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PROCESSING AND EDITING OF DATA 4-1 Data Editing and Imputation of Item Nonresponse 4-2 Maintaining Confidentiality 4-3 Evaluation of Surveys 4-4 Nonresponse Bias Analysis 4-5 Sample Survey Weights

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    4-1 Data Editing and Imputation of Item Nonresponse

    4-2 Maintaining Confidentiality

    4-3 Evaluation of Surveys

    4-4 Nonresponse Bias Analysis

    4-5 Sample Survey Weights

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    PURPOSE: To establish guidelines to reduce potential bias, ensure consistent estimates, and simplify analysis, by correcting inconsistent data in a data set (i.e., edits) or substituting values for missing (i.e., imputation) or inconsistent data in a data set (i.e., edits).

    KEY TERMS: cross-sectional, cross-sectional imputations, cross-wave imputations, edit, freshened sample, imputation, item nonresponse, key variables, longitudinal, nonresponse bias, overall unit nonresponse, response rate, stage of data collection, unit nonresponse, and universe.

    STANDARD 4-1-1: All NCES data must be edited. Data editing is an iterative and interactive process that includes procedures for detecting and correcting errors in the data. Data editing is first done prior to imputation. Data editing must be repeated after the data are imputed, and again after the data are altered during disclosure risk analysis (without jeopardizing the disclosure protections). At each stage, the data must be checked for the following and edited if errors are detected: 1. Credibility, based on range checks to determine if all responses fall within a pre-

    specified reasonable range; 2. Consistency based on checks across variables within individual records for

    noncontradictory responses (i.e., no logical inconsistencies); 3. Incorrect flow through prescribed skip patterns; 4. Missing data that can be directly filled from other portions of an individuals record; 5. The omission and/or duplication of records; 6. Internal consistency across records, (e.g., the sum of categories matches the reported

    total); and 7. Inconsistency between estimates and outside sources.

    GUIDELINE 4-1-1A: Editing should use available information and logical assumptions to derive substitute values for inconsistent values in a data file.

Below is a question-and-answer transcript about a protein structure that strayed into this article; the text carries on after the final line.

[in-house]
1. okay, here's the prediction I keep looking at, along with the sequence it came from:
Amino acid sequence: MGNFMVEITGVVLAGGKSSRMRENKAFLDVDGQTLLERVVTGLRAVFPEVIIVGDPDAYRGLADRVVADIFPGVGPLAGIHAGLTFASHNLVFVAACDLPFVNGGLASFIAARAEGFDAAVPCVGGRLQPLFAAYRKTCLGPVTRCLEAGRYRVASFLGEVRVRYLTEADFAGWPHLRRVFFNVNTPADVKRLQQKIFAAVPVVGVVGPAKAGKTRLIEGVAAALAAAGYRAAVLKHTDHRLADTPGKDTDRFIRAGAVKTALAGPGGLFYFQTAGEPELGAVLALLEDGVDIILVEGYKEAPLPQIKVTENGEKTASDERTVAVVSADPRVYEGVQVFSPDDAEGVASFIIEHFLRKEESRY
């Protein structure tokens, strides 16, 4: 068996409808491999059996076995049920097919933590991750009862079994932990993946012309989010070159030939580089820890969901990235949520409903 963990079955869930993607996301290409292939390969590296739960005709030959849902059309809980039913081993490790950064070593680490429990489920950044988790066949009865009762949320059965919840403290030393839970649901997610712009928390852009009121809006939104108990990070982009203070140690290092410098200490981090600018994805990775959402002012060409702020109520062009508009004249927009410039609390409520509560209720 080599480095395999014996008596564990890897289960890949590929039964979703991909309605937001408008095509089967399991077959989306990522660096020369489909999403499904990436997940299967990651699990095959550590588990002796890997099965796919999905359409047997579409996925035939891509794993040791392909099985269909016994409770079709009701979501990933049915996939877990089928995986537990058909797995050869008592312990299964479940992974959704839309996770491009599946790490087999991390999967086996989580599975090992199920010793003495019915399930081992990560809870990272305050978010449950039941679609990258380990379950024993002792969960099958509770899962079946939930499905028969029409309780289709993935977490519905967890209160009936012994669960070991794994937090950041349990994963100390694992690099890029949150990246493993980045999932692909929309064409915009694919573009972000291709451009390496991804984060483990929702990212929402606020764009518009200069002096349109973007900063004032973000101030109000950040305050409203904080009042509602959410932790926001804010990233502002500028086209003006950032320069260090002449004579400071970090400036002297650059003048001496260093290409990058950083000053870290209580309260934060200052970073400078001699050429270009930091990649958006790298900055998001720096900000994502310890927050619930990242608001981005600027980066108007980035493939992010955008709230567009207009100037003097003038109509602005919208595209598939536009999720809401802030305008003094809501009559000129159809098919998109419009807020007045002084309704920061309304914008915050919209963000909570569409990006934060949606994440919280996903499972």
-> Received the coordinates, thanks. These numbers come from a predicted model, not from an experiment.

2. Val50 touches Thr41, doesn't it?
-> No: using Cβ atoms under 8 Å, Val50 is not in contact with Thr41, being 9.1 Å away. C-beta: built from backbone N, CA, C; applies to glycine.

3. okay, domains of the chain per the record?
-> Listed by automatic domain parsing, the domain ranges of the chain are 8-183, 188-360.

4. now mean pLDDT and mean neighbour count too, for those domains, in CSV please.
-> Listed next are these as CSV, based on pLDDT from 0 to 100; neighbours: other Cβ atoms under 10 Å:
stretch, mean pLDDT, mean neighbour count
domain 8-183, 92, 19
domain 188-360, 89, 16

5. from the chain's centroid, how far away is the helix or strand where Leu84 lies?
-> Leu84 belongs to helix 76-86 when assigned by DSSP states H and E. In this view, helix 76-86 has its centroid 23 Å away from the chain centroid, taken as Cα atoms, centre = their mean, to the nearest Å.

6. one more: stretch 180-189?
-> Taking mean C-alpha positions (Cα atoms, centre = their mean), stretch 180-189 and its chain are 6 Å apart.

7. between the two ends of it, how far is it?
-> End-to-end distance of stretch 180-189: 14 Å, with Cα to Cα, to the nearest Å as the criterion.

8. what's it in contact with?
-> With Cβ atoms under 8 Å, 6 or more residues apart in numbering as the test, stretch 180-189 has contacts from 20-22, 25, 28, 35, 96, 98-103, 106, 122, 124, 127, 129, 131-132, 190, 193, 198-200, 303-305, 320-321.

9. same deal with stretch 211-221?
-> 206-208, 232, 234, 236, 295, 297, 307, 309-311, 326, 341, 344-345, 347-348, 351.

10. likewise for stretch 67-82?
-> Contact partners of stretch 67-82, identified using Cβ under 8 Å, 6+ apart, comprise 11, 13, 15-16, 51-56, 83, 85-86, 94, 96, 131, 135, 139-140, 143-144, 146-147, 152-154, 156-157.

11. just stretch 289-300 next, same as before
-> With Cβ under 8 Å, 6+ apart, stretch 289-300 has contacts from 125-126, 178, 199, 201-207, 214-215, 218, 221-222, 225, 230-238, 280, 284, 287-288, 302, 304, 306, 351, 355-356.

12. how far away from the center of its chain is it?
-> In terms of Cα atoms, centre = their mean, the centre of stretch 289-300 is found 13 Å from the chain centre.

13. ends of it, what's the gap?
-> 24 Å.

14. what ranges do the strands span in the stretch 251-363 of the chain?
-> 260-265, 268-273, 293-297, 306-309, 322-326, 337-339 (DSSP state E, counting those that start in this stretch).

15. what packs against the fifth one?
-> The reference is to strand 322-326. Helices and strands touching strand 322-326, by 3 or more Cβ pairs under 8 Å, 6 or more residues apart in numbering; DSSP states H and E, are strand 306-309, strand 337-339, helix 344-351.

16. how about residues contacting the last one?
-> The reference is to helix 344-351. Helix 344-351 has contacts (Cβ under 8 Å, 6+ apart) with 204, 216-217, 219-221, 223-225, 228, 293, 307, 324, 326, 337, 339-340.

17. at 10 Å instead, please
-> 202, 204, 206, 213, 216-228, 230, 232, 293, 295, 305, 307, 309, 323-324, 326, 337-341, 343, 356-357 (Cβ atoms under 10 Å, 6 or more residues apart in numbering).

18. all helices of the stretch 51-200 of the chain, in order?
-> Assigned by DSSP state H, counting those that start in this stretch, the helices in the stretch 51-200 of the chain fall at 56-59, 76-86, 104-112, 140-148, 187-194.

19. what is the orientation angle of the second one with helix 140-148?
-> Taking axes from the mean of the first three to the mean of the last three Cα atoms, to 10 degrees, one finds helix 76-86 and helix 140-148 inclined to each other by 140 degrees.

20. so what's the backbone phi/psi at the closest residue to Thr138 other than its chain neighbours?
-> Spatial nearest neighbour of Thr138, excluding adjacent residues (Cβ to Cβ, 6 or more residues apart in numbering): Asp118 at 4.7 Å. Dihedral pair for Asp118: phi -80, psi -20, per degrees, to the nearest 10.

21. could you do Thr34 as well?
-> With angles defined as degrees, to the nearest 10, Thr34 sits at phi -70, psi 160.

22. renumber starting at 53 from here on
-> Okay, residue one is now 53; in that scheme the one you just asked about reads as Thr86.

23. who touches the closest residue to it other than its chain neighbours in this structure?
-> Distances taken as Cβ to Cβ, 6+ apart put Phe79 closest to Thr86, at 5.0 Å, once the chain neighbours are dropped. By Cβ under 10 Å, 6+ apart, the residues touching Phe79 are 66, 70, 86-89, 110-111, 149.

GUIDELINE 4-1-1B: When electronic data collection methods are used, data should be edited during, and if necessary after data collection.

    GUIDELINE 4-1-1C: Possible actions when inconsistencies and other errors are found include the following: 1. Automated correction within specified criteria, 2. Data verified by respondent, and any automated edits overridden, 3. Corrected data provided by respondent,

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    4. Corrected data available from elsewhere in the respondents answers, 5. Corrected data obtained from other sources.

    STANDARD 4-1-2: Key variables in data sets used for cross-sectional estimates must be imputed for item nonresponse (beyond overall mean imputation). This applies to cross-sectional data sets and to data from longitudinal data sets that are used to produce cross-sectional estimates from the base year or subsequent freshened samples. (See appendix A for a discussion of alternative imputation procedures, including the pros and cons of specific approaches).

    GUIDELINE 4-1-2A: In census (universe) data collections, it may not be appropriate to impute data in certain situations (e.g., peer analysis situations or when data for a particular establishmentschool, university, or libraryare being examined individually).

    GUIDELINE 4-1-2B: When using non-NCES data sets, it is desirable to impute for missing data in those items being used in NCES publications. This is only appropriate when adequate auxiliary information is available.

    GUIDELINE 4-1-2C: Imputation procedures should be internally consistent, based on theoretical and empirical considerations, appropriate for the analysis, and make use of the most relevant data available. If multivariate analysis is anticipated, care must be taken to use imputations that minimize the attenuation of underlying relationships. The Chief Statistician should review imputation plans prior to implementation.

    STANDARD 4-1-3: In the case of longitudinal data sets, two imputation approaches are acceptable: cross-wave imputations or cross-sectional imputations. Cross-wave imputations may be used to complete missing data for longitudinal analysis or cross-sectional imputations may be used. (Guideline 4-1-2C of this Standard applies here, as well.)

    STANDARD 4-1-4: In those cases where an item-level nonresponse bias analysis shows that the data are not missing at random, the amount of potential bias must inform the decision to retain or delete individual items (see Standard 4-4).